Concentration of Grocery Stores
by Amanda Rohrer
Grocery stores are anchors of communities, but also are businesses that are dependent on market forces. As population shifts or larger chain stores begin to pull customers from a surrounding region, the number and dispersal of grocery stores will shift as well. Unfortunately, groceries are not a consumer good that can easily be foregone, so perhaps more than any other type of retail the availability of grocery stores will affect commutes, location decisions, and lifestyle choices.
The discussion of the availability of full grocery stores is often wrapped up with the concept of “food deserts” or areas where residents may not have access to healthy food choices. In Greater Minnesota everything is more disperse than in metros and the discussion has to assume residents have access to a car. However, distances still matter. In most cases this article assumes that a grocery store is available if it’s within 15 miles. Roads weren’t taken into account so some areas may be more isolated, but this mostly limits distances to about 30 minutes by car.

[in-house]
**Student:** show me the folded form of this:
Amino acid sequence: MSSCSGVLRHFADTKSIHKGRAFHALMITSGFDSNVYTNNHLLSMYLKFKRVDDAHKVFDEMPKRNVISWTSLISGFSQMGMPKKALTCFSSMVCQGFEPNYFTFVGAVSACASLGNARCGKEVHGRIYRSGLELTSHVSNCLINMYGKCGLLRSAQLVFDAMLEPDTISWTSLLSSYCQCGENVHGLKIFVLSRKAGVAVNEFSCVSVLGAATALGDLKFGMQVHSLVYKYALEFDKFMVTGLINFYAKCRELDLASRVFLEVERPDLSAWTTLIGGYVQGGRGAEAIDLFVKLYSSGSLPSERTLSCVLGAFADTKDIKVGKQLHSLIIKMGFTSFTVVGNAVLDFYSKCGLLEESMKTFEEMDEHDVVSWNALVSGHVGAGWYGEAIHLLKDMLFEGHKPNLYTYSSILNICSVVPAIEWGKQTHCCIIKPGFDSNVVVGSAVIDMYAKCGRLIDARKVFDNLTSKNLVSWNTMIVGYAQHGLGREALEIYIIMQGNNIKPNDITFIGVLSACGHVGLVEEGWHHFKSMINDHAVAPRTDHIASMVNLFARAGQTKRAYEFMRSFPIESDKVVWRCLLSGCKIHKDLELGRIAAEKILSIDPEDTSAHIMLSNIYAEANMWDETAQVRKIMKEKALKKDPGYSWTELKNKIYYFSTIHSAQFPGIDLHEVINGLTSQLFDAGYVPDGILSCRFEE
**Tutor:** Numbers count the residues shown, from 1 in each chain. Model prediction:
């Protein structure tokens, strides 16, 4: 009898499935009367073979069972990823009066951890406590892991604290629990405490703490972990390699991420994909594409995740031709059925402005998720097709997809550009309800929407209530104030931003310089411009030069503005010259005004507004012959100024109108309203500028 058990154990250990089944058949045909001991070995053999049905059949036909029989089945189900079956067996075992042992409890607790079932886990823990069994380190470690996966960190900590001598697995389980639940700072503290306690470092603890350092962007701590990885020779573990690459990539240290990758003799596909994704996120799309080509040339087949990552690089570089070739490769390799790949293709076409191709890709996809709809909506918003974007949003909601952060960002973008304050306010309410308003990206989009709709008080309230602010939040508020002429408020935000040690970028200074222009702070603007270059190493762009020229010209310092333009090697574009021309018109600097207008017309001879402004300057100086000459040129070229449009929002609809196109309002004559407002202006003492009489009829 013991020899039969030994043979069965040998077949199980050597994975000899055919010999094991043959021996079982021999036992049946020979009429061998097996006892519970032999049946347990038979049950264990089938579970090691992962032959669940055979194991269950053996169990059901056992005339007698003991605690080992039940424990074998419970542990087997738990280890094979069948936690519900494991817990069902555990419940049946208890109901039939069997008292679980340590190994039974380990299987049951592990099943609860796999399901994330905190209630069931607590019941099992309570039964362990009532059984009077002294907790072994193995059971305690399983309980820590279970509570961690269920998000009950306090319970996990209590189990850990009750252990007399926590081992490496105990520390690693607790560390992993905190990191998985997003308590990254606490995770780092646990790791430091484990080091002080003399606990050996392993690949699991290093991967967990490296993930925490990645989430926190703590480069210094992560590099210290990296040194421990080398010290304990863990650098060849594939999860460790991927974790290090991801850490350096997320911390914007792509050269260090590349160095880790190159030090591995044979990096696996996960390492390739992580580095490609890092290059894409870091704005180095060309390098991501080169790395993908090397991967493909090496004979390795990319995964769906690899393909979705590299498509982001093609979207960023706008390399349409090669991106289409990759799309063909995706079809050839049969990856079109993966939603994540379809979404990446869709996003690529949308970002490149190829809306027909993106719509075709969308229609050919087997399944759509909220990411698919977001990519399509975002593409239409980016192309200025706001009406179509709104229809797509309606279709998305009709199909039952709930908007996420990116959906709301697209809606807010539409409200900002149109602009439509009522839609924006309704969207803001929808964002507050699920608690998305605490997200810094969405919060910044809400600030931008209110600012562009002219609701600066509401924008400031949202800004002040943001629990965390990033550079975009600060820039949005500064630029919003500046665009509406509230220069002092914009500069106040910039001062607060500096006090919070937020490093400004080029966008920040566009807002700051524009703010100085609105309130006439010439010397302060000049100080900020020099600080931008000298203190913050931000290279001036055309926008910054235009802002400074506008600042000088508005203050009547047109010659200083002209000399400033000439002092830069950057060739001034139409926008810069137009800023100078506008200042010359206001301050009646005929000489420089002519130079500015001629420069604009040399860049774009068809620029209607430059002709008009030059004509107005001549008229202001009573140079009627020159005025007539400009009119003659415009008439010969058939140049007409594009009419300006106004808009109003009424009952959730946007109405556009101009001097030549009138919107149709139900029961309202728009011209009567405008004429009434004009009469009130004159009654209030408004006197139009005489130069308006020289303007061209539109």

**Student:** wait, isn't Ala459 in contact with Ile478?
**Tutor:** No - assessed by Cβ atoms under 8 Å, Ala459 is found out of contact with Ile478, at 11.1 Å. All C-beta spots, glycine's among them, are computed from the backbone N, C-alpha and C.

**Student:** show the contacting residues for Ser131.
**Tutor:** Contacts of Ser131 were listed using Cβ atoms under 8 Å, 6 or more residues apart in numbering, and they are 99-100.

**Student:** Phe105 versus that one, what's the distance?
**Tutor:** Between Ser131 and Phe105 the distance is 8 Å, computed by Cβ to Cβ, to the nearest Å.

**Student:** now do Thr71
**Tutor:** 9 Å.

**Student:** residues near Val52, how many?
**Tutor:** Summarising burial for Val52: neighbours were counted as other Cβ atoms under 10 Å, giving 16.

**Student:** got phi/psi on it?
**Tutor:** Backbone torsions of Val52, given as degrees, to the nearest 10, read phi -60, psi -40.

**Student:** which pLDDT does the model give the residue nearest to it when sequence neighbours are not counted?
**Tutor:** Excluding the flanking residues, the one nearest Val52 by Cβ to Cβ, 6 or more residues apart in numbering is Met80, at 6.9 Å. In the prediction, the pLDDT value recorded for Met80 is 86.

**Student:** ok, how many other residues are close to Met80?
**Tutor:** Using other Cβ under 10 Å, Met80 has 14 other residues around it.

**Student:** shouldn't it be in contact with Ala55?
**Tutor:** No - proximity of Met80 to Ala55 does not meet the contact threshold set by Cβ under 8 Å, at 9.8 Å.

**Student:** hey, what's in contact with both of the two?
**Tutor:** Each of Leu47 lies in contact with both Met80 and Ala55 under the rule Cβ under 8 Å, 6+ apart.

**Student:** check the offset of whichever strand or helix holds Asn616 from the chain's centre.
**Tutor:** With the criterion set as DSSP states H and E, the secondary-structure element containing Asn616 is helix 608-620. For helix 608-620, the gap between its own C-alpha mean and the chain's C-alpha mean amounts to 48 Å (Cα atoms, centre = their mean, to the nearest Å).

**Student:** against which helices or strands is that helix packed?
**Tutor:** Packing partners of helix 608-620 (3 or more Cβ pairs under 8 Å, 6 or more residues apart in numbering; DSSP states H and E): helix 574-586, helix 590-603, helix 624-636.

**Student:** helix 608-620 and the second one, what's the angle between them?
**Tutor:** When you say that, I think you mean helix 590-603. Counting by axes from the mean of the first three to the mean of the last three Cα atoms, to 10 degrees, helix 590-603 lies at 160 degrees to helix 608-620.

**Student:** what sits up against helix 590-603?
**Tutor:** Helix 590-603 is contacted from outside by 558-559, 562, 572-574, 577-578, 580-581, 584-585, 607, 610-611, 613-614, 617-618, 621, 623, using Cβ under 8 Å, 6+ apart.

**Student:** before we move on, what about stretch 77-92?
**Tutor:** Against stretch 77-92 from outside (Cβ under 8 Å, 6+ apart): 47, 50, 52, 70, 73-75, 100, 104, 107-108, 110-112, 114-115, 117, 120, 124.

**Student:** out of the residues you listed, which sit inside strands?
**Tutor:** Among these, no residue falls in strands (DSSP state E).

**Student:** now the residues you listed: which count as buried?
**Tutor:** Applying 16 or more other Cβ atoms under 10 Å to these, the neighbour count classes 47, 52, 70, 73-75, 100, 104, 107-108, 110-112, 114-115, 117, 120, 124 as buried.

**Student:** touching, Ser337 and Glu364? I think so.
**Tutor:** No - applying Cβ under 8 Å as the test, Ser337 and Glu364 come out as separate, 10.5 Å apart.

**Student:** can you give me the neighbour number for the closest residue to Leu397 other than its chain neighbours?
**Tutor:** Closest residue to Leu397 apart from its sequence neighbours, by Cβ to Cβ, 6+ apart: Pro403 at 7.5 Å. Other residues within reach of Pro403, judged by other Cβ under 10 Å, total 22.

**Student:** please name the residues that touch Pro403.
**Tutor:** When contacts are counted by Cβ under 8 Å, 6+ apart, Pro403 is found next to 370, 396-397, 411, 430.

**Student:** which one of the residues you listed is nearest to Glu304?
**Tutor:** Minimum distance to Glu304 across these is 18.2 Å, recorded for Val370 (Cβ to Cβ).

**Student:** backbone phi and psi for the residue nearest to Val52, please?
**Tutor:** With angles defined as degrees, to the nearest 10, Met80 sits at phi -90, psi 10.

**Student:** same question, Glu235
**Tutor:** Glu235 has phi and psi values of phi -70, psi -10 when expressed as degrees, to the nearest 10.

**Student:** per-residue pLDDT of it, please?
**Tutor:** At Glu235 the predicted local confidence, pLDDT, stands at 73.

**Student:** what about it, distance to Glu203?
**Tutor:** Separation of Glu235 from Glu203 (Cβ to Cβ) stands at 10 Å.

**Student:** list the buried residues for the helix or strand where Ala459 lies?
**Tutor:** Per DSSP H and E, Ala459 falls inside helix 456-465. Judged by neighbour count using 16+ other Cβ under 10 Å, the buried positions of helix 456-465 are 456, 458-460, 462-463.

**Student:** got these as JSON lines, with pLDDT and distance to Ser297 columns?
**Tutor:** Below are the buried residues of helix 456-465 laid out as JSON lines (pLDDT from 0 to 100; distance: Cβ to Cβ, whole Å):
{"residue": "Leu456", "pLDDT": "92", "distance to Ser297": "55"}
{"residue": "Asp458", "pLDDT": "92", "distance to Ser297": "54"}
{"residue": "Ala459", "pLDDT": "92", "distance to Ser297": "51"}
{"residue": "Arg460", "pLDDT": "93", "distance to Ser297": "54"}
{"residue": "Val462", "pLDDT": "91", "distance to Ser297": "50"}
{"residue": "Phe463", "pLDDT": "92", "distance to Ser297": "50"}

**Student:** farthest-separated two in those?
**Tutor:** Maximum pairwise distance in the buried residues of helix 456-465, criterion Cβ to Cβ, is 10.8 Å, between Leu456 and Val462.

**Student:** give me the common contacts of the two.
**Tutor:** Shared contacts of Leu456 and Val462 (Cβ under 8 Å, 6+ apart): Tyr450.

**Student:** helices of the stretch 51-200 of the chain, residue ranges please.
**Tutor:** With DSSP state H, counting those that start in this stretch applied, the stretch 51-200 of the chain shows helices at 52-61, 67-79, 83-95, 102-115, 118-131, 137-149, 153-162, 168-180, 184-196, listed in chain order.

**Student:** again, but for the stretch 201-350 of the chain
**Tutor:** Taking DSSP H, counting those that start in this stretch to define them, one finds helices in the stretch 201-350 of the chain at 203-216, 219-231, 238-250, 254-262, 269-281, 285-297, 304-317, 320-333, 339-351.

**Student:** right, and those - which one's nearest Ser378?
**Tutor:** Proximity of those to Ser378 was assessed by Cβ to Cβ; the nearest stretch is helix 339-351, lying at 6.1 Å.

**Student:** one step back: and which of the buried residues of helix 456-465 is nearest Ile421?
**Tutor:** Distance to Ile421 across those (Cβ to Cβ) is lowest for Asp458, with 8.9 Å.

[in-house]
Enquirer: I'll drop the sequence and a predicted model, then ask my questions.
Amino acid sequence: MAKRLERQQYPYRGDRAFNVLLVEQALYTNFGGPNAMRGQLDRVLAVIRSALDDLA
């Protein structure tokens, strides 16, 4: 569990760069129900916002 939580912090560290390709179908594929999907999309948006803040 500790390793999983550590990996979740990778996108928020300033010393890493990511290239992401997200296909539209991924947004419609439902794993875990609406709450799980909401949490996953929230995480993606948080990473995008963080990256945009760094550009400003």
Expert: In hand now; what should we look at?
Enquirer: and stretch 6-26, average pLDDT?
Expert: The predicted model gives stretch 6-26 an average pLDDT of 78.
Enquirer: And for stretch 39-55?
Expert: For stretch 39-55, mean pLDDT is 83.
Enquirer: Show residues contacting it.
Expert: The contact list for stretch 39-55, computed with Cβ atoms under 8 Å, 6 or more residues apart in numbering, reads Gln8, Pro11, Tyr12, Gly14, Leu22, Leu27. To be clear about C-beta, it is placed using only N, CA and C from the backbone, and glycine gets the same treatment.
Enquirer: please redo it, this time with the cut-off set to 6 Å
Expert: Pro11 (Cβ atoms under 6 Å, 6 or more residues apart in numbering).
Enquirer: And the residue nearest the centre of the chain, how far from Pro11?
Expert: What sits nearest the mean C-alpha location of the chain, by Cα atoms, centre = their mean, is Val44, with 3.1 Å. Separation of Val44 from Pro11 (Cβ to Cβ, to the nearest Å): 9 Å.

Another feature of this article is that it only uses full grocery stores – NAICS 445110. There may be general stores or convenience stores or farm stands nearer to residents that could meet a fairly large share of their need for groceries, but they are not included in the analysis.
In border counties the nearest grocery stores may be out of state. Minnesota does not have access to individual firm data from the Quarterly Census of Employment and Wages (QCEW) for other states and looking at the state in isolation would suggest that grocery stores in border counties are unusually isolated. The only available alternative is from the Employer Database, information from a private company. Methodology for the two data sources is very different and no time series is available for the private data. Because of those limitations, Employer Database data from neighboring states is used only for mapping purposes and in nearest neighbor calculations. All county and regional aggregates use only the more reliable Minnesota data.